When there is a culture of science, scientists are ready to learn from the wider culture
and the wider culture learns to be science-friendly in its scale of priorities.
The androginization of science
Will possession of a much larger proportion of women scientists and engineers in
Africa reduce the brain-drain from Africa? Do women have stronger ties to where they come
from? Are they less prone to migratory patterns?
The expected reduced brain-drain is only one of the spin-off benefits of the
androgynization of S&T in Africa in the twenty-first century. Only 23% of Africa's
girls get to secondary school and less than 3% make it to institutions of higher learning.
The gender gap is even wider in scientific and technical training where textbooks are
notoriously irrelevant to the daily concerns of girls and women, and where cultural
inhibitions divert women away from science-based laboratories.
Androgynizing the world of S&T is a strategy of purposefully giving it
both male and female characteristics after generations of a masculine-bias.
When more and more women become scientifically sophisticated, the culture of science
will influence not only their own lives, but also the lives of their children.
Indeed, the androgynization of science is an important precondition for true
successful development and the nourishment of a culture of science.
as an engine of transformation
The Director-General of UNESCO recently urged African governments to set a minimum
target of spending 0.4% of their gross national product (GNP) on S&T for the next five
years on top of the 3% committed by the United Nations Development programme (UNDP) from
its own funding for S&T in Africa.
Africa has always had material resources, but it has not had the expertise to control
them. Africa does need what is called a core of relevant scientists capable of
making the most rational choices on the basis of the available and also of the emerging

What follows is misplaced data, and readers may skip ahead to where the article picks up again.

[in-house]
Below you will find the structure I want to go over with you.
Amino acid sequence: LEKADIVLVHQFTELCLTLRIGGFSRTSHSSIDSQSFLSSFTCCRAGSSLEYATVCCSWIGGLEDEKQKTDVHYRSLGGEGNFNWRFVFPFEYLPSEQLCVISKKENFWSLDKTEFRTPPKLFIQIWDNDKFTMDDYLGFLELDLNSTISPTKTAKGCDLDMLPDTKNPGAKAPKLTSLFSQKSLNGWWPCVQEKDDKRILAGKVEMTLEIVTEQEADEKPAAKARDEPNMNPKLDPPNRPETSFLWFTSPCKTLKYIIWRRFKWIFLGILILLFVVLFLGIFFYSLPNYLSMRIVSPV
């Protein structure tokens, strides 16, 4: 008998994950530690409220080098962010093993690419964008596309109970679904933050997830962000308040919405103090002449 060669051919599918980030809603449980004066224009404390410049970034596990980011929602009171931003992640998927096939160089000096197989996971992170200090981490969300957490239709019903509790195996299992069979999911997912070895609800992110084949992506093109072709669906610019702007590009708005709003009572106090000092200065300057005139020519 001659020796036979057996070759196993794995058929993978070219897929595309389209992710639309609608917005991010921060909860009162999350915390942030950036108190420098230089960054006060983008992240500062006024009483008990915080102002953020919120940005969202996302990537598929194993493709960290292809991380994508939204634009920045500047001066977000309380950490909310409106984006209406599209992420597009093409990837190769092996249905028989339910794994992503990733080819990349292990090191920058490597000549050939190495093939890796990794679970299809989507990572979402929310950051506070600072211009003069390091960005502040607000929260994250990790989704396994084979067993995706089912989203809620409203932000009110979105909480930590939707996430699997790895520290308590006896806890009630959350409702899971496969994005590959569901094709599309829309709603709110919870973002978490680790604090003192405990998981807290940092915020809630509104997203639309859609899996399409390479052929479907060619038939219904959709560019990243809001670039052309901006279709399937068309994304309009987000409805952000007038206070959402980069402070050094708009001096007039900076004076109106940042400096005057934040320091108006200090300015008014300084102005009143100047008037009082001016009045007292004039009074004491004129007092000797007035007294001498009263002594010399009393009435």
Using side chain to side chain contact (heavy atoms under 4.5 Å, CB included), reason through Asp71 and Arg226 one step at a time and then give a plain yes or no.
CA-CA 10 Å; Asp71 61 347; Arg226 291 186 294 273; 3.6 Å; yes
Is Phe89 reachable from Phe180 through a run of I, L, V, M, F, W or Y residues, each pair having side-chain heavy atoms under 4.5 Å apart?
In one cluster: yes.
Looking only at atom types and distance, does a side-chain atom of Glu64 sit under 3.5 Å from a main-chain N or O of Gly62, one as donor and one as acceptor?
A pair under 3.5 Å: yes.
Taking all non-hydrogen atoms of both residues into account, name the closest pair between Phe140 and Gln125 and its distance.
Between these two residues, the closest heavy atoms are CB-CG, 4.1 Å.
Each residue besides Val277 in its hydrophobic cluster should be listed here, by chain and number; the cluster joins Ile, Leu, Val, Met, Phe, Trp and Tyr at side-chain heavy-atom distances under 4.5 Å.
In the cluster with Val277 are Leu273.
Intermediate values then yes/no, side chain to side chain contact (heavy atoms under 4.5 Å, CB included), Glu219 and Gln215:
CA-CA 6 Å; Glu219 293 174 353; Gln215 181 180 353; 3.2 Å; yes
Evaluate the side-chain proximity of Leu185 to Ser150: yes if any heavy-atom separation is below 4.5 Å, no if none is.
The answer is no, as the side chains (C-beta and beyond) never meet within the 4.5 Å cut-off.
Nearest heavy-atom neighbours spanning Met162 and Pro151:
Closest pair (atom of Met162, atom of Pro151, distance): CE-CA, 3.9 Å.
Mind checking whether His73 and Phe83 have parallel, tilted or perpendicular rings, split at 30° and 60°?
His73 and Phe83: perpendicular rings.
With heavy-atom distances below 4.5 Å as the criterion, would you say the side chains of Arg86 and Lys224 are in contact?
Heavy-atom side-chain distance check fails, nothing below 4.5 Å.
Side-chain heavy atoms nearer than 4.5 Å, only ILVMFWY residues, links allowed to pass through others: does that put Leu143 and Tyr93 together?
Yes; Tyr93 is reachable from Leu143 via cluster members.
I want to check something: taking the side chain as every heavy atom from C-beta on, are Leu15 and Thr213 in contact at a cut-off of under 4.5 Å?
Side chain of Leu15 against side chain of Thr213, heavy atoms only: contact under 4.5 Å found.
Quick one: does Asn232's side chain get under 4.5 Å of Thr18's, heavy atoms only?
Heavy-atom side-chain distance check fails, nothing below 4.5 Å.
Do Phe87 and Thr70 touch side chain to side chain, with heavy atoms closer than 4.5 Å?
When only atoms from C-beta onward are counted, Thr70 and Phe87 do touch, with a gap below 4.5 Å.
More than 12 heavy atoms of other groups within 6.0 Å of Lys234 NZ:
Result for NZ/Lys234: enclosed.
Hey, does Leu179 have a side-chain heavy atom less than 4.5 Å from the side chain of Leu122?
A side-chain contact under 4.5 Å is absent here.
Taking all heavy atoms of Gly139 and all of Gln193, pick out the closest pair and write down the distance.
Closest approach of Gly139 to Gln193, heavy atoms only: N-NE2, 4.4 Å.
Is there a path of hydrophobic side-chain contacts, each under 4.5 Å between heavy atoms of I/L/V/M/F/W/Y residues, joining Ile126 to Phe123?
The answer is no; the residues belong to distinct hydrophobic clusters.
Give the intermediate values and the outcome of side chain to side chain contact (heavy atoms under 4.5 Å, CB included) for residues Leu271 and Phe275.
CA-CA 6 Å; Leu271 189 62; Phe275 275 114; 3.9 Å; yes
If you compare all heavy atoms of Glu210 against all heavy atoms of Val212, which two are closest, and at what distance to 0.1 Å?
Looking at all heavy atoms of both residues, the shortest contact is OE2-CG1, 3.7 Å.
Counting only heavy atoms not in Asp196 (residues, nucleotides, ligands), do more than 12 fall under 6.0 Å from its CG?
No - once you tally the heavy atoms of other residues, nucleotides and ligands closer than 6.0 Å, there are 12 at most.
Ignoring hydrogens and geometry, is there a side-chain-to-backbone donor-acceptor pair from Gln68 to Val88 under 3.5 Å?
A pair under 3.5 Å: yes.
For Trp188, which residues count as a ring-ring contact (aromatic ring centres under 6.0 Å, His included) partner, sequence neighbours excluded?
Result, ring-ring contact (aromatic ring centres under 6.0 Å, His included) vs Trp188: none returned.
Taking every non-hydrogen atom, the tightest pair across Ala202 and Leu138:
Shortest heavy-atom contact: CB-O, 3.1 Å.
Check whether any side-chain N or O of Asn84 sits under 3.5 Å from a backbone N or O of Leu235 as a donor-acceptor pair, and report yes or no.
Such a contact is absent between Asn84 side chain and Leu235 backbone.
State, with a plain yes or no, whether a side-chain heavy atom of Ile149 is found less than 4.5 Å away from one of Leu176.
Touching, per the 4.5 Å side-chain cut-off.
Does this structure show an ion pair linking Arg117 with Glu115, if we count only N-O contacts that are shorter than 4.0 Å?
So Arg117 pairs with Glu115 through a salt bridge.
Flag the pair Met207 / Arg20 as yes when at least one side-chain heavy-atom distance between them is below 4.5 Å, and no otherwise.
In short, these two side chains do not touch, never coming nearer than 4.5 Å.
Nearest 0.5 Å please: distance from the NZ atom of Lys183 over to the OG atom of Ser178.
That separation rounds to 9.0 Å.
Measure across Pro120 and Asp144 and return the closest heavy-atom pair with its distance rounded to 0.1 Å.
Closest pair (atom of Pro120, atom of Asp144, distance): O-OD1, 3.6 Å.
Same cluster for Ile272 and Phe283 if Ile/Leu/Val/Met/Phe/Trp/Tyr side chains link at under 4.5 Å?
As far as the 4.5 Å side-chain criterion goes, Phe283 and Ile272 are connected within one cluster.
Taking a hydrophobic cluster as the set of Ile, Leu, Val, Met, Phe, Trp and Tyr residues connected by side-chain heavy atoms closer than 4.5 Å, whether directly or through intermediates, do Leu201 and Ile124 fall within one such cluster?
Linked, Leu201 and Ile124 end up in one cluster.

technologies. How best can we utilise Africas immense resources toward a brighter
future for her people?
Technology has often been an engine of industrial and social transformation. Indeed
Africa's own industrial minerals have propelled technological revolutions in other parts
of the world.
It is time that Africa developed high levels of expertise commensurate with her material
resources, so that both may best serve the African people and their destiny.
The conscience of science
Ghana's Founder President, Kwame Nkrumah, used to say Socialism without science is
void. Was that his way of saying that science and social responsibility needed each
Others say that S&T should be treated just like market forces under liberal
ideologies: never to be restrained. And yet however free the economic market place may be
allowed to be, the human race cannot afford to have laissez faire science. Science has to
have limits of conscience, especially in the new era of globalisation.
In the twentieth century, science has saved millions of lives through the control of
diseases and the improvement of peoples living conditions. But also in the twentieth
century science has destroyed millions of other lives through war, industrial pollution,
ecological degradation and smart weapons. In the twenty-first century the
human race needs to get the equation more clearly on the side of saving and improving
Africa should seek to play a dynamic role not only in scientific research, but also in
the search for the ethics of science and, in the era of globalisation, also the ethics of